Indian cuisine was not among them. I expect that Dad’s preference for less spicy fare played a role.
It was also a very different time. Hard as it is to believe these days with the variety of ethnic and regional foods so readily available in markets, that was far from the case in my childhood.
Even with Mom’s cosmopolitan background, there was little opportunity to explore foreign foods in those days – and even less so in the rural areas where we lived.
It really is too bad, considering the healthy options Indian cuisine offers, to say nothing of its wonderful simplicity, low cost, and rich flavor. It would have fit right into Mom’s practical, no-nonsense approach to meals.
It was a taste sensation like none I’d ever experienced before, and I loved it instantly. To this day, Indian spices and flavorings rank right up there among my special favorites.
While it took me a couple of years to nail down this recipe, it is one of the very first I ever used in my regular repertoire. So it’s one of my oldest-- an old standby that I turn to often.
One reason for that is that it’s also one of my quickest and easiest. It takes minimal prep, and if you have cooked rice on hand from a previous meal during the week where you cooked extra – a meal planning approach that I recommend to save yourself time and effort -- it can be ready in about 20 minutes. That's a blessing for busy households.
And it’s also very versatile, meaning that you can use just about any vegetable your heart fancies or you happen to have on hand instead of the spinach or cauliflower I use here. I've made it with zucchini and with spinach combined, with great results, for example.
All that makes it pretty much a terrific meal option all around. Enjoy!
Here's the recipe:
Makes 6-8 servings
Total prep time – Approx. 15 minutes
Start to finish time - Approx. 20-50 minutes,
Depending on whether you have cooked rice on hand or not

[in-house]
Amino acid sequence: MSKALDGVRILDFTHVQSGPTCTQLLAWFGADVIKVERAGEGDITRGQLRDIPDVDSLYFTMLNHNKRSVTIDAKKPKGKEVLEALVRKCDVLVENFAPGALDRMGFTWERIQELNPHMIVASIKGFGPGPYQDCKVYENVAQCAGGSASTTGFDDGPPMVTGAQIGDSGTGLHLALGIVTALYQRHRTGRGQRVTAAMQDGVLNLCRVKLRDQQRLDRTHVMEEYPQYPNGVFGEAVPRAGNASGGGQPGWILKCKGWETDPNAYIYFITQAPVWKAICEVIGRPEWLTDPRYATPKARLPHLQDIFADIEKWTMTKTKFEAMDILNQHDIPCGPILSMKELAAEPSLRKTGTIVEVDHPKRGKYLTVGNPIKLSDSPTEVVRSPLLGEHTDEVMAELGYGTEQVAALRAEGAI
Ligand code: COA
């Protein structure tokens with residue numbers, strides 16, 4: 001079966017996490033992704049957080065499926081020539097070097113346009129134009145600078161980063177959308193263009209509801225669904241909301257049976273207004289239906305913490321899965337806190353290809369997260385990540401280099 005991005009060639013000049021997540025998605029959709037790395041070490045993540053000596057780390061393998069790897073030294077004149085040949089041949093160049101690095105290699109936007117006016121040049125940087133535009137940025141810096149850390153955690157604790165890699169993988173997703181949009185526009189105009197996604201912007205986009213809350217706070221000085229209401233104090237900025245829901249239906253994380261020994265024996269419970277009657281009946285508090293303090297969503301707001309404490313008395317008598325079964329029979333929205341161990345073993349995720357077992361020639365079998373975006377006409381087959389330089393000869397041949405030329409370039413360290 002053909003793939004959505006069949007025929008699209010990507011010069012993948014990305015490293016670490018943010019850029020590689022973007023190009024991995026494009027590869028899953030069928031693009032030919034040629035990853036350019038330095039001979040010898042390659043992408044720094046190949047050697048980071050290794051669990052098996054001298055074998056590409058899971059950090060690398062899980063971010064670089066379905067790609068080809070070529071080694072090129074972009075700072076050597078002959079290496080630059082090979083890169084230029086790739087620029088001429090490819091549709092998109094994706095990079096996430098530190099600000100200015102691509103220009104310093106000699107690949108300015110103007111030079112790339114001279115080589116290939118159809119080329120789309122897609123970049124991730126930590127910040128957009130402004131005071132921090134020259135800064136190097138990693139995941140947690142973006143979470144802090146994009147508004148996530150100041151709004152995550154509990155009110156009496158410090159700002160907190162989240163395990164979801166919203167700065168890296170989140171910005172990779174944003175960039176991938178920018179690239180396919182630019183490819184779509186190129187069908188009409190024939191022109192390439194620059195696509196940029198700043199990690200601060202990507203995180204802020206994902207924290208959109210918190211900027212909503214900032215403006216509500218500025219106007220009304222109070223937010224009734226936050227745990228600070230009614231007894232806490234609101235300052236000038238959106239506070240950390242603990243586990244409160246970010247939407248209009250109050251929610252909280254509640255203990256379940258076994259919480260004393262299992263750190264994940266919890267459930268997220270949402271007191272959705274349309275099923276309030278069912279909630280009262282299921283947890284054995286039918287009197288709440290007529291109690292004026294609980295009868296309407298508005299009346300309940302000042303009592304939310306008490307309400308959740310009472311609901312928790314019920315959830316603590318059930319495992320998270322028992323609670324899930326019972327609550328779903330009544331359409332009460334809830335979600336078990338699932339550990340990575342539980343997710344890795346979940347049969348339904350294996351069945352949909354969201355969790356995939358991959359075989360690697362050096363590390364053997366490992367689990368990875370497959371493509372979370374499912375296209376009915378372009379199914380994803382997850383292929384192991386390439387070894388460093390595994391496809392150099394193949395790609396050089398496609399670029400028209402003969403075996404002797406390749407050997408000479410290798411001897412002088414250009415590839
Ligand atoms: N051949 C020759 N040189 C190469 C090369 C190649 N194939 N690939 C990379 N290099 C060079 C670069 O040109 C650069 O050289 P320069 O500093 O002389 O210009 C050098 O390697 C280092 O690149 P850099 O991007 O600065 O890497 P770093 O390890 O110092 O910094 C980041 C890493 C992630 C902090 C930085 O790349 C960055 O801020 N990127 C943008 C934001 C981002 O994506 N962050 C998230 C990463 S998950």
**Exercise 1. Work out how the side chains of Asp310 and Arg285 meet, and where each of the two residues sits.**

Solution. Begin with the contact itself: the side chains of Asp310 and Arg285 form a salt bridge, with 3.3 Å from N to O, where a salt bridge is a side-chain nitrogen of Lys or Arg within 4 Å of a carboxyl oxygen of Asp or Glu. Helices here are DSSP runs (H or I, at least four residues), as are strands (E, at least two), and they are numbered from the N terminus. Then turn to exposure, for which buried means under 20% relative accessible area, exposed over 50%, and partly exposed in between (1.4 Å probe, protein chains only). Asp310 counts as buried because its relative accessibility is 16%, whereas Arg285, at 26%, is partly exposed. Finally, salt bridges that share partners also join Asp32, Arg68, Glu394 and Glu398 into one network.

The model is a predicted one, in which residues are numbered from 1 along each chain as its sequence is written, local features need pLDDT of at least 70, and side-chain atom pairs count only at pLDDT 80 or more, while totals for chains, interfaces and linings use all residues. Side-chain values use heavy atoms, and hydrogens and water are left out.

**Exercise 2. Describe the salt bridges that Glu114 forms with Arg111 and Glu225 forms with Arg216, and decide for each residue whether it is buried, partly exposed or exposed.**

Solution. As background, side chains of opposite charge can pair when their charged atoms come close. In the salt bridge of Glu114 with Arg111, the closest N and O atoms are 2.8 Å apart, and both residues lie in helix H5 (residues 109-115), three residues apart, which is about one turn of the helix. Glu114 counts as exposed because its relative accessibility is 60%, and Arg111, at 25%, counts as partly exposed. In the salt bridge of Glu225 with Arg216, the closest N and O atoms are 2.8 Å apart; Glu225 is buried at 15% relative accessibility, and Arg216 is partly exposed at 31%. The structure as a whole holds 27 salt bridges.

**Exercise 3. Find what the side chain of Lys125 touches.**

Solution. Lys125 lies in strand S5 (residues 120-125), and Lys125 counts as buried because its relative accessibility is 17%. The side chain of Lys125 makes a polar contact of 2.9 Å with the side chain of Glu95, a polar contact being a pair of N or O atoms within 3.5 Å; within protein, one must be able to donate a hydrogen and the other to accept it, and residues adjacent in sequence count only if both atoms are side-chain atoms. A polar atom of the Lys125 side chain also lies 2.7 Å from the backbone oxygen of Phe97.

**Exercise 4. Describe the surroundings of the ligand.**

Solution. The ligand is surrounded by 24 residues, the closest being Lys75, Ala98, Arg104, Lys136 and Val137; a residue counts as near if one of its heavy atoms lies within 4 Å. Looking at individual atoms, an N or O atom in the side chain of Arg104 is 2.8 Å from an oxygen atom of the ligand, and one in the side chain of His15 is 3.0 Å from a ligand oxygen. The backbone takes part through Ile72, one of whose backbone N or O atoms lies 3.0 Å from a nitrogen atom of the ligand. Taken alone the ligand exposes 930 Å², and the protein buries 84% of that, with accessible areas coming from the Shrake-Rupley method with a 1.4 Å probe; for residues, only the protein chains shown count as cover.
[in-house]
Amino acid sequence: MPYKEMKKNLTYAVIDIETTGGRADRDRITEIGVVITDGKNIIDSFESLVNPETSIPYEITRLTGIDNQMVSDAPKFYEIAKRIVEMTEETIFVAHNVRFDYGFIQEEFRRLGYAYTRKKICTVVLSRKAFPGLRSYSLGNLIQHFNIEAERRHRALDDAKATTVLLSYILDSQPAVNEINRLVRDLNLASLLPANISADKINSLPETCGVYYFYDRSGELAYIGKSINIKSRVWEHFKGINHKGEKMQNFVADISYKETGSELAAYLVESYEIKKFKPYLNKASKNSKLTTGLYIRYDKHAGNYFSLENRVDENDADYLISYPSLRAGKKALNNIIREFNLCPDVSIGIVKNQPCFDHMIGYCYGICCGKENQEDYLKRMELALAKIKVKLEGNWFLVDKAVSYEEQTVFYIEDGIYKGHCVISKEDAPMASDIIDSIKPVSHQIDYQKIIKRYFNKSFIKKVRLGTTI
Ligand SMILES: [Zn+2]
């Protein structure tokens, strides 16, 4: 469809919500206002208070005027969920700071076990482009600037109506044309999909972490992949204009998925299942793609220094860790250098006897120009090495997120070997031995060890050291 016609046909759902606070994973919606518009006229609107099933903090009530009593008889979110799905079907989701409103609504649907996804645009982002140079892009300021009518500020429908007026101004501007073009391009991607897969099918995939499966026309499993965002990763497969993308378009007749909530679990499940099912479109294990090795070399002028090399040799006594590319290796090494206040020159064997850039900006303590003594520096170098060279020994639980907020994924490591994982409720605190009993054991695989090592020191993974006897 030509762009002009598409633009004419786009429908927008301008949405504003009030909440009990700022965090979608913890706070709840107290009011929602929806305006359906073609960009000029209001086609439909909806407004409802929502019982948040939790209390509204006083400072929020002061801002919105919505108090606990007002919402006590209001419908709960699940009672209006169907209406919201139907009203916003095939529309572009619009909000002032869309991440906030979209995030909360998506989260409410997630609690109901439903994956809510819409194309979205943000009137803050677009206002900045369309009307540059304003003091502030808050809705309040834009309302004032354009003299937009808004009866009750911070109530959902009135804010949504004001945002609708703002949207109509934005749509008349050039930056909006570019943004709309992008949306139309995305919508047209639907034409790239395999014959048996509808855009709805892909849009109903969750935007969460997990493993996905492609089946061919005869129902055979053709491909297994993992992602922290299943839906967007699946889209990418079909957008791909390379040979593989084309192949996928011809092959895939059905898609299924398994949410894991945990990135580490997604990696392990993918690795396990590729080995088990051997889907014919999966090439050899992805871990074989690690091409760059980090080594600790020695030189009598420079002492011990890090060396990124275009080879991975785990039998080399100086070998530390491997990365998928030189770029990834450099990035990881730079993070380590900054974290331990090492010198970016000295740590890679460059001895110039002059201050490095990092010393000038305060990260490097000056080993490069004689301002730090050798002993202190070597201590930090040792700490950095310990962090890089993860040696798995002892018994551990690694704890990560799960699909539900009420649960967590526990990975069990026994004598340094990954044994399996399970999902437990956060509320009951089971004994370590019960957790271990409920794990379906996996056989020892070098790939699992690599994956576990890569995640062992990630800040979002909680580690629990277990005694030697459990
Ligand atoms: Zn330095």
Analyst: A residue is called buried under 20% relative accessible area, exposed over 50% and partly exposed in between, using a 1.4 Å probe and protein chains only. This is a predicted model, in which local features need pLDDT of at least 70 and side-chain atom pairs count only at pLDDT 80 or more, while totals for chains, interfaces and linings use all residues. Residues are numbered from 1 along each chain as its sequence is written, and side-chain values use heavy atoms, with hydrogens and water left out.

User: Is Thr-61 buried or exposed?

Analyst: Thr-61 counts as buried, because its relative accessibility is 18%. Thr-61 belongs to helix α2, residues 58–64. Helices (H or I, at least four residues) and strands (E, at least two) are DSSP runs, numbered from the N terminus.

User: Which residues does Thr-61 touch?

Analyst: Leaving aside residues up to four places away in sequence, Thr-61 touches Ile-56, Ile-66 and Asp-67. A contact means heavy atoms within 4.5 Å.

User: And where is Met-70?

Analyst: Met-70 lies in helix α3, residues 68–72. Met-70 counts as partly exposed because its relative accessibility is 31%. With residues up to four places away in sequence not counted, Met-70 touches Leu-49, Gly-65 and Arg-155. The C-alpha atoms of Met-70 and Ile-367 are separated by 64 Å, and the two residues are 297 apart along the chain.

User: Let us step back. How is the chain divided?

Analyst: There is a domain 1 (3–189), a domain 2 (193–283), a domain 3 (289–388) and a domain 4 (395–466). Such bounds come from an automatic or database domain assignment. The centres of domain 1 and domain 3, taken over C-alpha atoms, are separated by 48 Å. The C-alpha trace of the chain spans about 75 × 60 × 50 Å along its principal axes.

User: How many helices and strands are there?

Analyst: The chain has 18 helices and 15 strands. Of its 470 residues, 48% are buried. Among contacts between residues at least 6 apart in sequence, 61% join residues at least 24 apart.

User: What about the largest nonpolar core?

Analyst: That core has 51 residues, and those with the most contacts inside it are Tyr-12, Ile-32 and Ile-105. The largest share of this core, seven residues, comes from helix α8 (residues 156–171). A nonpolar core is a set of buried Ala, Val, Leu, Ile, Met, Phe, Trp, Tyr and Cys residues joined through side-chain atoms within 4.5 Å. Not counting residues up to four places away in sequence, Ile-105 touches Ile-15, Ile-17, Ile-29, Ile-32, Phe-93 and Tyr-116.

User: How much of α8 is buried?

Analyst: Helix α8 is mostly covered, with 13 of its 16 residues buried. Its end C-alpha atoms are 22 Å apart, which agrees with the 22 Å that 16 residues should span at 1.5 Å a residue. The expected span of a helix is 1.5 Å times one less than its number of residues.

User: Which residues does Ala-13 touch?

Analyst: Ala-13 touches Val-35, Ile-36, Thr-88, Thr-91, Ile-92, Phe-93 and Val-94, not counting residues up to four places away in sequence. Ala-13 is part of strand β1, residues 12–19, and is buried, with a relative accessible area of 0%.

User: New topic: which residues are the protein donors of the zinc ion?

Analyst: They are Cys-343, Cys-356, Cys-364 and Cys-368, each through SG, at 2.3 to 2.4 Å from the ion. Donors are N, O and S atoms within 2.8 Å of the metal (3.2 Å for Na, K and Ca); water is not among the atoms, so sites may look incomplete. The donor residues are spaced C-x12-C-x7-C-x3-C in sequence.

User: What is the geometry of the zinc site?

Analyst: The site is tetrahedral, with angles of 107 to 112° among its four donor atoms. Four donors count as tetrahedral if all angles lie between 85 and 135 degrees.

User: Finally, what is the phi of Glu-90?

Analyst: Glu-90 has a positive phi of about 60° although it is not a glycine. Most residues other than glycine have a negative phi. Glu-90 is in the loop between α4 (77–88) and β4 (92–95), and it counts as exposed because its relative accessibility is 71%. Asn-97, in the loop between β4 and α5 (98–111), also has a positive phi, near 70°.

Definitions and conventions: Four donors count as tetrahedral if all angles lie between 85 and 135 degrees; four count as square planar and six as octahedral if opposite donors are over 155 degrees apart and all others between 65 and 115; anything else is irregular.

Total recipe cost - Approx. $7.50
Total per person meal cost with rice, yogurt, and salad – Approx. $1.75
1½ cups uncooked brown rice
4-5 cups cooked, if you have some on hand
3-4 cans chickpeas, 14-16 ounce size
1 can crushed or diced tomatoes, 28-32 ounce size
10 ounces to 1 pound frozen or fresh cauliflower, spinach and/or zucchini (or other vegetable of your choice)
1 medium to large onion
2 tablespoons canola or vegetable oil
3 large cloves garlic
2 tablespoons curry powder (or to taste)
1 teaspoon allspice
1 teaspoon nutmeg
2 teaspoons paprika
1 teaspoon cumin
¾ teaspoon red pepper flakes (or to taste – this is quite spicy)
1 teaspoon black pepper (or to taste)
¾ cup water
1- 2 teaspoons of salt (to taste)
Plain yogurt (optional)
(Recipe continues after photos)
- Place the rice in about 3 ¼ cups of water in a medium saucepan, cover, and bring to a boil over high heat. Once it is boiling, reduce the heat to medium and allow it to simmer for about 35 minutes, covered, or until the water is absorbed and the rice is tender, but not mushy.
- Meanwhile, peel and chop or mince the 3 cloves of garlic and set it aside.
- Peel and dice the onion and set it aside.
- If you are using fresh cauliflower, wash it and separate the head into 1-2-inch florets by hand or with a knife.
- Heat the 2 tablespoons of oil in a large saucepan over medium heat and add the diced onions. Cook until the onions are translucent, about 5-8 minutes, stirring often. Add the garlic and cook for about 1 minute.
- Add the 2 tablespoons of curry powder, the 1 teaspoon each of allspice, nutmeg, and cumin, the 2 teaspoons of paprika, the ¾ teaspoon of pepper flakes, and the 1 teaspoon of black pepper, and stir to blend well.
- Add the ¾ cup water, and the 1-2 teaspoons of salt, the 28-32 ounces of canned tomatoes and bring to a boil.
- Add the 1 pound of frozen or fresh cauliflower, spinach, or other vegetable of your choice, and return the contents to a simmer. Allow it to simmer for about 15 minutes. Taste test and adjust the seasonings as needed.
- Meanwhile, rinse and drain the 3-4 cans of chickpeas and add them to the curry tomato mixture. Cover and allow it to heat through for about 5 minutes over medium heat.
- If you wish to thicken the sauce, you can do so by stirring a tablespoon of corn starch into 4 tablespoons of water until smooth. This creates a slurry that you stir into the pot until the sauce thickens somewhat.
- If you are using leftover rice from the fridge, add a tablespoon or two of water, cover it, and reheat it in the microwave for 1-5 minutes on medium power until hot (the time will depend on the quantity).
- Serve the chickpeas over the rice with naan or pita bread, a side of plain yogurt, if desired, and a tossed salad.